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Friday Tech Tips

Takeaways and Tips From ABA TECHSHOW 2021

By Joan Feldman and Joy White

Best takeaways from ABA TECHSHOW 2021? We asked a few practice management and technology experts to share a sampling of top session tips for our annual roundup.

In the face of a pandemic and a professional year unlike any we’ve known, ABA TECHSHOW, the renowned annual legal technology conference, as always featured a packed schedule. Held March 8-12 this year, a fantastic slate of programs was at virtual attendees’ fingertips. We’re talking Microsoft 365, cybersecurity, Zoom and Teams, small firm billing and marketing, on to ethics, diversity and innovation. Of course, there was much more.

While we understand it was tough to choose, here are takeaways and tips from Sheila Blackford, Jim Calloway, Joan Feldman, Natalie Kelly, Sharon Nelson and John Simek, Juda Strawczynski, and Megan Zavieh.

Sharon Nelson and John Simek: Expert Tips on Google Ads and SEO

We were in awe of the amazing conference programming that stretched over five days. The creative skills of the ABA TECHSHOW 2021 Planning Board, co-chaired by Roberta Tepper and Allan Mackenzie, were extraordinary.

Marketing and technology converge. While we normally offer cybersecurity tips, we thought the marketing sessions were rife with good tips, so we doff our hats to Gyi Tsakalakis, Megan Boyd and Joy Hawkins for three great sessions. A few excellent tips:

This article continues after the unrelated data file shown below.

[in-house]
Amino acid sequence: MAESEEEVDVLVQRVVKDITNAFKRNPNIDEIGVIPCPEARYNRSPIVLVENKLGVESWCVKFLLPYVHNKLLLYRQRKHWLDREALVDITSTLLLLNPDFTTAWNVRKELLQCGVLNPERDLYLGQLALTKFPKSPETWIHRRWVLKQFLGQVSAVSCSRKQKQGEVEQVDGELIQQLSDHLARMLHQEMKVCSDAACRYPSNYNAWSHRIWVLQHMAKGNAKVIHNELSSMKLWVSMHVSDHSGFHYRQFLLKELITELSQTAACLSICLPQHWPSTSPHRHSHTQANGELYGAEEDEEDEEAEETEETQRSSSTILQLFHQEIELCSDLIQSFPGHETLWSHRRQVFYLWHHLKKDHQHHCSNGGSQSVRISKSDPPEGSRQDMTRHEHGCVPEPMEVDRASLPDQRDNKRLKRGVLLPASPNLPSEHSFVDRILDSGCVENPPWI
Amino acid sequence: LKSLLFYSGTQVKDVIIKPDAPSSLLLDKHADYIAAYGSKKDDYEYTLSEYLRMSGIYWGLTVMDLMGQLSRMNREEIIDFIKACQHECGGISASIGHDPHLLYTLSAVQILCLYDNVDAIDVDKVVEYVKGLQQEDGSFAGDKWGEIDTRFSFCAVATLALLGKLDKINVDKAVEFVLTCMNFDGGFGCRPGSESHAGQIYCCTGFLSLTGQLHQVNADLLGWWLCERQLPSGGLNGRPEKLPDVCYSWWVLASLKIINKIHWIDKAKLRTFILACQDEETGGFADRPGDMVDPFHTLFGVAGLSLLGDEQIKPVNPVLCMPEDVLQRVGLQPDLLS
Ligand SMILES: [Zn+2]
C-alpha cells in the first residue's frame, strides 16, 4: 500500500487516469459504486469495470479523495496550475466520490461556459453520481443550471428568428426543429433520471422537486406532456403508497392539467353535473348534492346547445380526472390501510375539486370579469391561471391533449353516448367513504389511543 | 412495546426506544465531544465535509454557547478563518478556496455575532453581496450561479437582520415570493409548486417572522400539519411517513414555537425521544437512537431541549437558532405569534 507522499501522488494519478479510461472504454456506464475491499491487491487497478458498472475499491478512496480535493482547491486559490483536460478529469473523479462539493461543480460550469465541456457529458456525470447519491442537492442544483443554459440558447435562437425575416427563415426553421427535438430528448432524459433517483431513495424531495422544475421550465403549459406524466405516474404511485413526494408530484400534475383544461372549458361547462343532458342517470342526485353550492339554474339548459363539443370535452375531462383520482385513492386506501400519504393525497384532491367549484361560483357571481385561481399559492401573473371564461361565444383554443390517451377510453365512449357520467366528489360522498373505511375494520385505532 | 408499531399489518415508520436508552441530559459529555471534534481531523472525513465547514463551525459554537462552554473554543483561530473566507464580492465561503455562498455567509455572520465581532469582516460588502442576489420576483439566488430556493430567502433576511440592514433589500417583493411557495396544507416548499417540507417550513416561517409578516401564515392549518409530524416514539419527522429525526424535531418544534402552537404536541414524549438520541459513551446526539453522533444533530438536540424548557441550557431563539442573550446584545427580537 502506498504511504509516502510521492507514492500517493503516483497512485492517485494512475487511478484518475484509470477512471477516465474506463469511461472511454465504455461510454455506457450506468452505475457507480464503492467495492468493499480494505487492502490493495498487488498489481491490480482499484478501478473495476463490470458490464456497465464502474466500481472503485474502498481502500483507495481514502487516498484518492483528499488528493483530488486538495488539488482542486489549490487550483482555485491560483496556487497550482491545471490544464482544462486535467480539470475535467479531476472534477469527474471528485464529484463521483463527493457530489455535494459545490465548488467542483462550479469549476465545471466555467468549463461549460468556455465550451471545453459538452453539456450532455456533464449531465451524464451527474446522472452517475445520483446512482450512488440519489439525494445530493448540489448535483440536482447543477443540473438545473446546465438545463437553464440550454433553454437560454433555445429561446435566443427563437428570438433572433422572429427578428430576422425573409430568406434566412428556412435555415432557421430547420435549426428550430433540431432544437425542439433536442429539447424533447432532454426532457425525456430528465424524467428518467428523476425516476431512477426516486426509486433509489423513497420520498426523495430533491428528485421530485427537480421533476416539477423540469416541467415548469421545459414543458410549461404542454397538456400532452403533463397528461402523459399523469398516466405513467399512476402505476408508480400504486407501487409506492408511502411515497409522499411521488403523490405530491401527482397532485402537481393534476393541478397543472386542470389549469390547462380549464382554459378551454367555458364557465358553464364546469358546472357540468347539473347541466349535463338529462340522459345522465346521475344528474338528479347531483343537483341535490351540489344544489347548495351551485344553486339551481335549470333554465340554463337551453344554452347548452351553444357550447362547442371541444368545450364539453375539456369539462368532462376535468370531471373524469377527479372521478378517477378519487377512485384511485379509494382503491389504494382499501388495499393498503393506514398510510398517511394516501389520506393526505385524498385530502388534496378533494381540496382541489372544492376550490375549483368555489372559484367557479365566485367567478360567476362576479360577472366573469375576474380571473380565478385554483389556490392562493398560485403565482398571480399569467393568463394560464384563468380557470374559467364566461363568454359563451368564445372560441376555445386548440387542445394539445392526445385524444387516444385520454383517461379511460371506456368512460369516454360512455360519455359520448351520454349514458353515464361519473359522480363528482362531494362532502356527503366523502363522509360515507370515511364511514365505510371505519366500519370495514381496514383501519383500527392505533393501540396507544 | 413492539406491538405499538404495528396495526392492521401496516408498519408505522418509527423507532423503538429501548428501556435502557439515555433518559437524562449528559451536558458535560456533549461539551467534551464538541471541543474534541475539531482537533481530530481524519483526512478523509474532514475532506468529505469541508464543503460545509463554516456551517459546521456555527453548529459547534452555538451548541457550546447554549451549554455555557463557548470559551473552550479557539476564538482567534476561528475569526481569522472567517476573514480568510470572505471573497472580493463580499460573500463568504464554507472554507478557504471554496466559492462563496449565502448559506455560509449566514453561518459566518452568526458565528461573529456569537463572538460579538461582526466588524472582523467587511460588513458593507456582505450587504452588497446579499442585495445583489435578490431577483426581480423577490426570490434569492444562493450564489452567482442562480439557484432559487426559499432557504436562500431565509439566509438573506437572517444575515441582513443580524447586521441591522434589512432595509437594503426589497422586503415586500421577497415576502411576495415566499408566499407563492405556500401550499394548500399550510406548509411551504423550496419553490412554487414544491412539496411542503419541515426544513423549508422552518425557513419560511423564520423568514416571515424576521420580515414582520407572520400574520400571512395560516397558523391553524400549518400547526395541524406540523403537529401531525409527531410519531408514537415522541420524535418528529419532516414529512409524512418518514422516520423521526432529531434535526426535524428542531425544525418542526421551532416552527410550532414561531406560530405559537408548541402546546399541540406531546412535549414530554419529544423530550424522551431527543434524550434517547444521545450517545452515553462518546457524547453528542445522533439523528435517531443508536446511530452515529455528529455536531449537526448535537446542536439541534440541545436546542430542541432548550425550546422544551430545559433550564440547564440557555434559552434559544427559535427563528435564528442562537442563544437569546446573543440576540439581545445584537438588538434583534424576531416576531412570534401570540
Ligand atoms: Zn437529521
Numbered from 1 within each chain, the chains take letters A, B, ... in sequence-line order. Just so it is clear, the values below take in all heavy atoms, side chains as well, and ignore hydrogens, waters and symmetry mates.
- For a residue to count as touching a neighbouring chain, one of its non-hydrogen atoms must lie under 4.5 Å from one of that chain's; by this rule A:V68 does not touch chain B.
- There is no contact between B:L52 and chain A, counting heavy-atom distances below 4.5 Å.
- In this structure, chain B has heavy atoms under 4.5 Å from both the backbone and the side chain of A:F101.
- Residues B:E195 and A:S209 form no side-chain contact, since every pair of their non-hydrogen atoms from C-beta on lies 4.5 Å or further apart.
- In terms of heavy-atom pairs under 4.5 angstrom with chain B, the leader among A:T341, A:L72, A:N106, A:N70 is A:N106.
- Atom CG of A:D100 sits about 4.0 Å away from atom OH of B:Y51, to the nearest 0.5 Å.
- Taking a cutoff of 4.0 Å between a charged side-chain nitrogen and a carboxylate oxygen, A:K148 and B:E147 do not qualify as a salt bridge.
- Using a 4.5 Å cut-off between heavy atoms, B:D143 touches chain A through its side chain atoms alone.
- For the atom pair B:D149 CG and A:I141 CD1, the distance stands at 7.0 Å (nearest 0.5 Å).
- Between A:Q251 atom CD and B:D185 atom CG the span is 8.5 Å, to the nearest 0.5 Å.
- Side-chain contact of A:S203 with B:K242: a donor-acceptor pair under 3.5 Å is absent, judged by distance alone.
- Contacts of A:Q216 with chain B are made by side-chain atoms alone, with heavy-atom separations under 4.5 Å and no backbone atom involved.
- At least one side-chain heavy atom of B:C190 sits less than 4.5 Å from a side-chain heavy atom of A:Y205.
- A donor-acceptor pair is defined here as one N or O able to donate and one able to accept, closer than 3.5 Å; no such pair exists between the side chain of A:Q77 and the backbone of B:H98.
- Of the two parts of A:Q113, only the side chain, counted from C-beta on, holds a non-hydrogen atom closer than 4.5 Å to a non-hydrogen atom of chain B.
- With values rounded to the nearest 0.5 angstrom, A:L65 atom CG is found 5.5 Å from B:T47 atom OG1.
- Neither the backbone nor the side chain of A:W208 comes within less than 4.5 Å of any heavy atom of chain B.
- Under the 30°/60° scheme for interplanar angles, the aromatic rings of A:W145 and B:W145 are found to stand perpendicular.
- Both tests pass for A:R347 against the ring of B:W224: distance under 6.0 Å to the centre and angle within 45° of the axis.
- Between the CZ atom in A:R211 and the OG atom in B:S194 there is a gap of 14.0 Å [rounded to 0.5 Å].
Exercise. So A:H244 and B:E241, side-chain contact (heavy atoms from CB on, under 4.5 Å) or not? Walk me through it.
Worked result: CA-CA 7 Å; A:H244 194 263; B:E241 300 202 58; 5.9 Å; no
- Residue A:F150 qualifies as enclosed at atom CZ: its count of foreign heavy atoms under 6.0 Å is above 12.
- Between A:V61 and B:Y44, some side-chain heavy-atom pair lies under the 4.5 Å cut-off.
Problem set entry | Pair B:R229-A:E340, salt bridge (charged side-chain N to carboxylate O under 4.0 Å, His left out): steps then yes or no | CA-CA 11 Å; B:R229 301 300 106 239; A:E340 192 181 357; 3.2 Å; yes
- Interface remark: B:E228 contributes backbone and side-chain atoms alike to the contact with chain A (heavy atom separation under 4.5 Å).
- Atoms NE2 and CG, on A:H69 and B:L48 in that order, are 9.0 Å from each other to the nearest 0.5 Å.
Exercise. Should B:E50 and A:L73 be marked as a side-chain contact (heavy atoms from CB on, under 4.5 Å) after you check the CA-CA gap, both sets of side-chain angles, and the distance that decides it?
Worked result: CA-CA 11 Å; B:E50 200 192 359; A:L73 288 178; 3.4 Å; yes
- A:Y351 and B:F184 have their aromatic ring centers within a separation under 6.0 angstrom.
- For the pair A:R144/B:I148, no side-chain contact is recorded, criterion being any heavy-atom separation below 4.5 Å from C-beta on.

• If you don’t know about Google Local Services ads (and we did not), you need to check them out, here. They appear at the very top of the results of a search — and you only pay if you get a lead.
  • Did you know some search engine optimization (SEO) and content tools are assisted by artificial intelligence? Check out MarketMuse and Clearscope.
  • Keep your eye on the ever-changing elements of Google’s local SEO changes via Sterling Sky’s free Local SEO Updates page. You can subscribe for free via email.
  • Google has increasingly placed more emphasis on the speed with which your website loads on both computers and smartphones. Starting in May, Google will make website loading speed a part of its Core Web Vitals.
  • Make sure your website is secure. Google will ding you in the search results rankings if your site lacks an SSL certificate, indicated by the “s” at the end of “https” in the URL bar. This one we certainly did know about since it is security-related, but it bears repeating because so many solo practices and small firms have not taken care of this. Put it on your to-do list today!

Here’s to seeing everyone in Chicago in 2022!

Sharon D. Nelson (@SharonNelsonEsq) and John W. Simek (@SenseiEnt) are President and Vice President of Sensei Enterprises, Inc., a digital forensics, legal technology and cybersecurity firm based in Fairfax, Va. They have written 16 books published by the ABA, including The Solo and Small Firm Legal Technology Guides and “Encryption Made Simple for Lawyers.” They are past-chairs of ABA TECHSHOW.

Jim Calloway: Quick, Usable Tips and Big-Picture Takeaways

The great thing about ABA TECHSHOW is that the educational experience includes something for every level of legal technology user. Some tips are so simple and easy you can implement them immediately. For example, during Dan Siegel’s program on Adobe Acrobat DC, he noted that the bookmarks pane in Acrobat has three settings for font sizes. When I’ve used my laptop without an external monitor, I sometimes squinted reading the small font in the navigation pane. During his presentation, I changed to the largest font setting and it was an improvement. So that was one tech tip learned and implemented.

Adobe Acrobat ABA Techshow 2021

Open the Bookmarks pane, click on the menu icon in the upper left, then click on Text Size in the drop-down menu, and choose Small, Medium or Large.